Monday, 23 February 2009

Week 9 of 2009

I continued working on operations and parameters this week. Creating a clean parameter based interface for Action Language code has required a considerable amount of iteration between modelling and coding. I'm trying to find a balance that results in a clean but simple OOA, Java and XML representation for operations and parameters. If I was generating the Java and XML directly from the OOA using archetypes then this wouldn't be an issue. However, since I'm creating an egg without a chicken at present I have to factor in all three.

I found a nasty J2SE 1.5 bug in GridBagLayout which results in OOA Tool locking up when there are more than 512 rows (see Java Bug ID 5107980). I hit this MAXGRIDSIZE limit when I tried to open a Subsystem editor in the OOA Tool project. The Subsystem editor tries to list all objects and relationships showing which subsystem each is assigned to. The bug is fixed in Java SE 6 (since the limit is removed entirely) but there are no plans to fix the bug in J2SE 1.5. I added a quick workaround which traps the problem but doesn't fix it. Build 014 now shows a blank panel if the limit is exceeded rather than locking up OOA Tool. To fix the problem entirely, I would have to stop using GridBagLayout which I don't want to invest time in at present since the problem is fixed in Java SE 6.

My confidence in J2SE 1.5 took a knock after finding this problem. I've only stayed with this version since the Mac still doesn't fully support Java SE 6 even though J2SE 1.5 is now End of Life. I've now decided to move to Java SE 6 as my default platform while still retaining J2SE 1.5 support for the moment at least. The latest version of Java SE 6 is build 12 which includes the new Nimbus look and feel. It looks better than Metal so I will use this as the standard look and feel from now on (while still allowing users to select their preferred look and feel). There were a few minor display issues when I first switched to Nimbus in OOA Tool but these are fixed in Build 014.

Monday, 16 February 2009

Week 8 of 2009

I've been working on mathematically dependent attributes and the framework behind their associated value calculations. This involved revisiting the Process Model subsystem to sort out the layer between models and Action Language code. The top-level concept in the Action Language subsystem is the Statement Block which defines a sequential set of executable statements along with a scope for defining local variables. My initial thought was to define different types of top-level block for value calculation, relationship navigation, actions, synchronous services, etc. However, the distinction between event data items and parameters led to some hidden dependencies in Action Language expressions. Thus, I expanded my initial generalization of operation (which previously included synchronous service and process) to include all processing activities. This means that all statement blocks are now encapsulated in an operation with defined parameters including:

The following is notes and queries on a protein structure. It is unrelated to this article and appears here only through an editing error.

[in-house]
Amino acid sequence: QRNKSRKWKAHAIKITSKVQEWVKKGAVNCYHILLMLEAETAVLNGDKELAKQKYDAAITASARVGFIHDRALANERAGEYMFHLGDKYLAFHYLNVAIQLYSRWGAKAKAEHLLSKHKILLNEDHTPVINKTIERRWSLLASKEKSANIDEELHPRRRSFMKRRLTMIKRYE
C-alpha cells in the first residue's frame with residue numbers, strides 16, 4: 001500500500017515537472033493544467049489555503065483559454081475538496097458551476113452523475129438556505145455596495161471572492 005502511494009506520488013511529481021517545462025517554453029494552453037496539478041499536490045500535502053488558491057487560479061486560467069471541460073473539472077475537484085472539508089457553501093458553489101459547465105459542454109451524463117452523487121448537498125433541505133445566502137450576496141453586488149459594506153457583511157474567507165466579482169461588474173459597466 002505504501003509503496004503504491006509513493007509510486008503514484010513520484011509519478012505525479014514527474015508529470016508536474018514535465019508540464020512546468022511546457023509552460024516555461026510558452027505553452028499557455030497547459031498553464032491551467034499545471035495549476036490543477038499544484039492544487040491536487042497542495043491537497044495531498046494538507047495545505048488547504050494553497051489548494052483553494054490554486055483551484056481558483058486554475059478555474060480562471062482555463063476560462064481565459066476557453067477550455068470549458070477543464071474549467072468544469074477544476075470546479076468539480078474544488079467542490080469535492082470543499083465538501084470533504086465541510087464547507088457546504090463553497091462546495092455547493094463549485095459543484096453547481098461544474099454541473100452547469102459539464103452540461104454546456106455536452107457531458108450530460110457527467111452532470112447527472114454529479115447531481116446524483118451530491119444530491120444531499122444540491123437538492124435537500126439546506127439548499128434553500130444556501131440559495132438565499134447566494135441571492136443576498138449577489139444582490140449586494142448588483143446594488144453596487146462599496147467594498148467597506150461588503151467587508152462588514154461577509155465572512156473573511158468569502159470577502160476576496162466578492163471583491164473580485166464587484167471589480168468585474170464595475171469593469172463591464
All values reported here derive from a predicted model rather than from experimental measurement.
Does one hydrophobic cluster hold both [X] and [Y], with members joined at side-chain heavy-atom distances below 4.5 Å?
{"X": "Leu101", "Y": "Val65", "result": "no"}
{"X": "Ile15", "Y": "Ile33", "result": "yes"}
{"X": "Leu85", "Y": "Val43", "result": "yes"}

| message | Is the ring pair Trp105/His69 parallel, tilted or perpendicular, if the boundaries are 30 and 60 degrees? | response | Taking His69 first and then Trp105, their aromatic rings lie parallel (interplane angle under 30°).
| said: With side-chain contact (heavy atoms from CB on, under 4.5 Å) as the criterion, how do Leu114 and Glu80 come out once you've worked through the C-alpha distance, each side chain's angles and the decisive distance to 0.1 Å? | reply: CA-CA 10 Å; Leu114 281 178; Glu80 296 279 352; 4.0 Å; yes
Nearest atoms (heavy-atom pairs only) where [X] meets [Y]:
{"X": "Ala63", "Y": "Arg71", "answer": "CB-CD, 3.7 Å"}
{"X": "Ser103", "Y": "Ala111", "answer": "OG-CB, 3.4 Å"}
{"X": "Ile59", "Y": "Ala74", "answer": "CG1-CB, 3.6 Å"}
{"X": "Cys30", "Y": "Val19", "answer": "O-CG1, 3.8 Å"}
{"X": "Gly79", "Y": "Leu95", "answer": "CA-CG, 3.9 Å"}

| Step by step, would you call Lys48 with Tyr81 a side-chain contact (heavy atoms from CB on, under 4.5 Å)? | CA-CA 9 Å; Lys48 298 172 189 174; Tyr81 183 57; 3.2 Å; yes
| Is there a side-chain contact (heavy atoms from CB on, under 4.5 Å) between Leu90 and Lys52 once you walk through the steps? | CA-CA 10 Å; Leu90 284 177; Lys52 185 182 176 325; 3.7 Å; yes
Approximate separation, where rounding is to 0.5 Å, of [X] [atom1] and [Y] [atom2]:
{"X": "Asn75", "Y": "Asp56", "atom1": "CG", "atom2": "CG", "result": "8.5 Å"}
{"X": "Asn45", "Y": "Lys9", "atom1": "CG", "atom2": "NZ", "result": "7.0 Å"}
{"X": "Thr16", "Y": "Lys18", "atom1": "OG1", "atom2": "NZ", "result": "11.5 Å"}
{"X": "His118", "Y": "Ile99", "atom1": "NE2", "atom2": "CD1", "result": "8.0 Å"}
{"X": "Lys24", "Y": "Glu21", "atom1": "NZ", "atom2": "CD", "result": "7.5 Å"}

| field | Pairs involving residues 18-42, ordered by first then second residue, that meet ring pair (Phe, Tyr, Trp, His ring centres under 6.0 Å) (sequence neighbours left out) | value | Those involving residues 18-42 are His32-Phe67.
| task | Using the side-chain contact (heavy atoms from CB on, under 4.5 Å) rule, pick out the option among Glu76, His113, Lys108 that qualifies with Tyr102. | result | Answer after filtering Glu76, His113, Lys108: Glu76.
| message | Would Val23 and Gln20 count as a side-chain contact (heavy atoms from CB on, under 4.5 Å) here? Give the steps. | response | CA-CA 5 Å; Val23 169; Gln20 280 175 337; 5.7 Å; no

• self parameter (which normally contains an object reference),
  • received event parameters (which reference event data items),
  • simple input parameters,
  • return parameter,
  • and simple output parameters (allowing multiple return values).
Some operations have fixed input and output parameters while others have user defined input and output parameters.

Operations themselves include:

  • attribute calculations (for calculating one or more mathematically dependent attributes),
  • relationship navigations (for navigating across a mathematically dependent relationship),
  • actions (performed on entry to a state),
  • synchronous services (for defining the public interface to a domain),
  • processes,
  • functions (for defining reusable side-effect free calculations),
  • and bridge mappings (for mapping wormholes to control reception points).
Functions are like transformations within process models except that they can be defined on any operation owner and used within any operation.

Processes include:

  • simple processes (including accessors, transformations and tests),
  • state model event generators,
  • polymorphic event generators,
  • request wormholes including:
    • domain-crossing event generators,
    • and bridging processes,
  • synchronous return wormholes,
  • and asynchronous return wormholes.
In OOA91, simple processes are accessors, transformations or tests. Other processes include event generators and wormholes (added in OOA96). The objective being to partition processing into fundamental processes. However, this categorization is not really exclusive. Tests are processes returning values (normally boolean) used in conditional control flows. However, many transformations also return test values as well as their transformation outputs. Accessors are further categorized as either create accessors, read accessors, write accessors or delete accessors. OOA09 takes the view that simple processes are atomic access units that may include multiple accessors, transformations and tests. The important thing here is to ensure that hard constraints are not broken after simple processes are executed, e.g. don't create a supertype object in one process and the associated subtype object in another process. Simple processes still can't generate events and event generators still can't perform accesses or return output values in OOA09. This change in focus with regards to process partitioning is a crucial difference between OOA91 and OOA09.